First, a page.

In my opinion it is appropriate for Voice of OC to report on a former supervisor/assemblyman’s arrest involving domestic violence and allegations of child endangerment.

In addition, it is admirable that an Orange County supervisor [Shawn Nelson] bailed Norby out of jail as an obvious personal friend and attorney.

To Chris Norby, Mrs. Norby and Supervisor Nelson: Keep your defamatory statements about one another private. There is a 2-year-old little boy involved, and he will read your statements on the Internet one day.

Try to act like grownups.

— CaliGrammy

I have to agree with CaliGranny. This is like an episode of tabloid — just nasty, classless, clueless and crass.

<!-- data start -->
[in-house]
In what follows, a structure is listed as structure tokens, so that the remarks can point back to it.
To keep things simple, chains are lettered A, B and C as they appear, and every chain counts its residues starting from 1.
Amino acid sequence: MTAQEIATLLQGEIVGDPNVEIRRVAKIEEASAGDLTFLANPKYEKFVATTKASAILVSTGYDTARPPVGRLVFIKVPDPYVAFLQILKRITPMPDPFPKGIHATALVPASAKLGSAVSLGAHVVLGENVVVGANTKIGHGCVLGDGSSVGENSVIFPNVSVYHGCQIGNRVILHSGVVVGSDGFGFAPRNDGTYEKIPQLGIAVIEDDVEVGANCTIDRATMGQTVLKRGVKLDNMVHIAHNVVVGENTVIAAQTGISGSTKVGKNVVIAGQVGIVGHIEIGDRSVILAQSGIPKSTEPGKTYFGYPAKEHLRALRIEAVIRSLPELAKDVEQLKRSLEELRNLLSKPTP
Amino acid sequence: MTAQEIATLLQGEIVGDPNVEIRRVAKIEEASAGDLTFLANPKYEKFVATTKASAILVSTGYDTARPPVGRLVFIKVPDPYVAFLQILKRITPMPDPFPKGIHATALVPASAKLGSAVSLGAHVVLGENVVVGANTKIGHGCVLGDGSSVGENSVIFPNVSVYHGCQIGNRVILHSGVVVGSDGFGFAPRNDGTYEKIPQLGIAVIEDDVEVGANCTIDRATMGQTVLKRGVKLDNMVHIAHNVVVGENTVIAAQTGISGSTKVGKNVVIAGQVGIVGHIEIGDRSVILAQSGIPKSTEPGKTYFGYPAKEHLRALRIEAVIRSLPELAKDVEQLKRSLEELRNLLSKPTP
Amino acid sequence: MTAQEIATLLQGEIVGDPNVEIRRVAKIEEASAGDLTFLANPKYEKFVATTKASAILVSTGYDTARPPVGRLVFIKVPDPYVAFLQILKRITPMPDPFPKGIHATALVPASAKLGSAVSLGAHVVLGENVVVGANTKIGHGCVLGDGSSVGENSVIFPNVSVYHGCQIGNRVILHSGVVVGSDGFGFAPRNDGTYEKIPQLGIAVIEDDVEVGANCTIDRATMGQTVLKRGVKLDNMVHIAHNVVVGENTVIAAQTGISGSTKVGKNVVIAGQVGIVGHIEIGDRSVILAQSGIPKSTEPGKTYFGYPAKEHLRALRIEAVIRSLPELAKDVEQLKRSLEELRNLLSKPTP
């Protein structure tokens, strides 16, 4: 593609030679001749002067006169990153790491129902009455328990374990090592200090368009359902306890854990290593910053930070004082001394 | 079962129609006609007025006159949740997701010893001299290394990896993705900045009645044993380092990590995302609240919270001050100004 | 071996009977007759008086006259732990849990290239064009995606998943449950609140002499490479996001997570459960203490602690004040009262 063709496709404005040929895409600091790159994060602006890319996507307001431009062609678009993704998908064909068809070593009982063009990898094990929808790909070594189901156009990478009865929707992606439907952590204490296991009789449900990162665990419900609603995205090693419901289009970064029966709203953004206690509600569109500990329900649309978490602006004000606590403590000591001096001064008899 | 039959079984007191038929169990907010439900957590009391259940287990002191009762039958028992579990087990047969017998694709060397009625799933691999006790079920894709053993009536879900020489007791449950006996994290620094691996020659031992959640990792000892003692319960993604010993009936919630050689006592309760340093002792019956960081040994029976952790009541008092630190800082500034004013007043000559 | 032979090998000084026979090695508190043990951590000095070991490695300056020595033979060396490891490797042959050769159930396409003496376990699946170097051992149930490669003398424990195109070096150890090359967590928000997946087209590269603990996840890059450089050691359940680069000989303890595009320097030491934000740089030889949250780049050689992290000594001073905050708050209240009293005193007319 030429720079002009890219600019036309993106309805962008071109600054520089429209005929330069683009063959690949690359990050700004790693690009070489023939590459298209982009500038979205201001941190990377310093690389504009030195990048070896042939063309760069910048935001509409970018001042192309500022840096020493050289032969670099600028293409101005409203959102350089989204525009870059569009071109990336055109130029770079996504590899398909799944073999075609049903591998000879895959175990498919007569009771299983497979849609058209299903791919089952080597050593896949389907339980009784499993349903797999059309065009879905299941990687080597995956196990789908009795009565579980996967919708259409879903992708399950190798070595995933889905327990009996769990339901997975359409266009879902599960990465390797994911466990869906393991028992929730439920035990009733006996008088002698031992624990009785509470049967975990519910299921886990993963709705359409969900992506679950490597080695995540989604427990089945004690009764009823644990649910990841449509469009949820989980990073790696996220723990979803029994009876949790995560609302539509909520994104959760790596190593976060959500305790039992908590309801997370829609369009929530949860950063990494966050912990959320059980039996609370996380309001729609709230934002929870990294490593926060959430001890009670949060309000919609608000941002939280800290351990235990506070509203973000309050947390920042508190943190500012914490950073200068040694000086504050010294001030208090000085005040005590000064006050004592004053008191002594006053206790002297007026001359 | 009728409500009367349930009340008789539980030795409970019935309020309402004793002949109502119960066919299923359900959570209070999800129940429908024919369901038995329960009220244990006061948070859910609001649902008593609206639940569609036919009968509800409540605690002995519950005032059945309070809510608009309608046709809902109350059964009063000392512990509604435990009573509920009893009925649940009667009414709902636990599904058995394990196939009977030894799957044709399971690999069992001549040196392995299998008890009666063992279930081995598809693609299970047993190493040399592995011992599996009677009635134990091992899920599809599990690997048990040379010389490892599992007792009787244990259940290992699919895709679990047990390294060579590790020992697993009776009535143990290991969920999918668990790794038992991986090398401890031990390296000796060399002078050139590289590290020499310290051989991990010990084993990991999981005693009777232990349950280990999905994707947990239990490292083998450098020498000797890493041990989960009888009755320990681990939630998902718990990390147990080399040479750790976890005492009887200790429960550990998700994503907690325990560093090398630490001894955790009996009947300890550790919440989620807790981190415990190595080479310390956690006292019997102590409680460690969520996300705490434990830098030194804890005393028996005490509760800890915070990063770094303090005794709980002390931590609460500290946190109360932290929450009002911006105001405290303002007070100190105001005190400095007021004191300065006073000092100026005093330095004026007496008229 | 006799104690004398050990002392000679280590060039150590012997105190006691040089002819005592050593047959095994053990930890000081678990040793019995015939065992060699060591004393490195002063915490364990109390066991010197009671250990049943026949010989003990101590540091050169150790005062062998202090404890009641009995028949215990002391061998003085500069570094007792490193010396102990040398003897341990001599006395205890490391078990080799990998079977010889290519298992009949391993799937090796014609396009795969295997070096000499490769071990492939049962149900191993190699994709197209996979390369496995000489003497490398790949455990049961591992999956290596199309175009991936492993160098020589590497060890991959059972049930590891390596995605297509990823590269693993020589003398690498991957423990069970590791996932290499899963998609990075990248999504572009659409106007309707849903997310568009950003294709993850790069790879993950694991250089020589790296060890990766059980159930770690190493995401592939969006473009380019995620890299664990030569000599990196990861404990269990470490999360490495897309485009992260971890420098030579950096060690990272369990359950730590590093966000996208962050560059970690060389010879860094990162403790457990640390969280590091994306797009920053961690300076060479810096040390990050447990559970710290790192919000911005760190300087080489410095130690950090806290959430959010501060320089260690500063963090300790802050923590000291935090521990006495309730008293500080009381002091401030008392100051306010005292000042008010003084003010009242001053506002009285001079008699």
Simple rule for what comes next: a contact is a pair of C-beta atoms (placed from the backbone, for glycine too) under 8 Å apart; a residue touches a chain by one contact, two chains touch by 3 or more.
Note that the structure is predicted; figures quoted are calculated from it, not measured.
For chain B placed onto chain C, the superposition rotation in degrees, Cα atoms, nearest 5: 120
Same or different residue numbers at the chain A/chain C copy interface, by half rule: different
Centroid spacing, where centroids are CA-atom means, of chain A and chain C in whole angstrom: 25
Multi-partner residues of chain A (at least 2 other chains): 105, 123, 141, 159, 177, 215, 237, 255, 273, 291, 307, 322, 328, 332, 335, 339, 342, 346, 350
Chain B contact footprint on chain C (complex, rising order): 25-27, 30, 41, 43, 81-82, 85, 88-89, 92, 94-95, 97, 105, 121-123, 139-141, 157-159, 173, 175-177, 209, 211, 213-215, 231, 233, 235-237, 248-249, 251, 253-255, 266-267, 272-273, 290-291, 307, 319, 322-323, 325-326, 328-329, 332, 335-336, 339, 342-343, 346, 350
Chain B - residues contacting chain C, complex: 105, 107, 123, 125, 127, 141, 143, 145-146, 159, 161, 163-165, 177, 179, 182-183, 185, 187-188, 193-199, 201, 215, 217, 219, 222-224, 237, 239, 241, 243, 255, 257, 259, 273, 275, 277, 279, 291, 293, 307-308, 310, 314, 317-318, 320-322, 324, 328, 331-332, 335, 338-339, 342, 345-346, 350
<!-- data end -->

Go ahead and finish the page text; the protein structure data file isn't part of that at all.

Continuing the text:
And here is a hint to Nelson: Nobody knows what goes on behind closed doors. Unless you were there, Supervisor Nelson, you do not know. There is no problem with bailing out your buddy, but keep your mouth shut.

This hot mess is between two troubled adults. The shame is how this will impact the children. Everyone connected to this tragic disaster seems to have a case of media blabber mouth.

— Insider2

Just wondering if anyone called the other three ex-Mrs. Norbys to see if they concur with what the soon-to-be fourth ex-wife says.

— DanChmielewski

Convention Center Expansion

Glad it’s not my tax dollars Anaheim will be at least partially wasting on this. I think it’ll bring in a little bit more revenue for a little while, but it’s very unlikely to have a positive return on investment in the long run.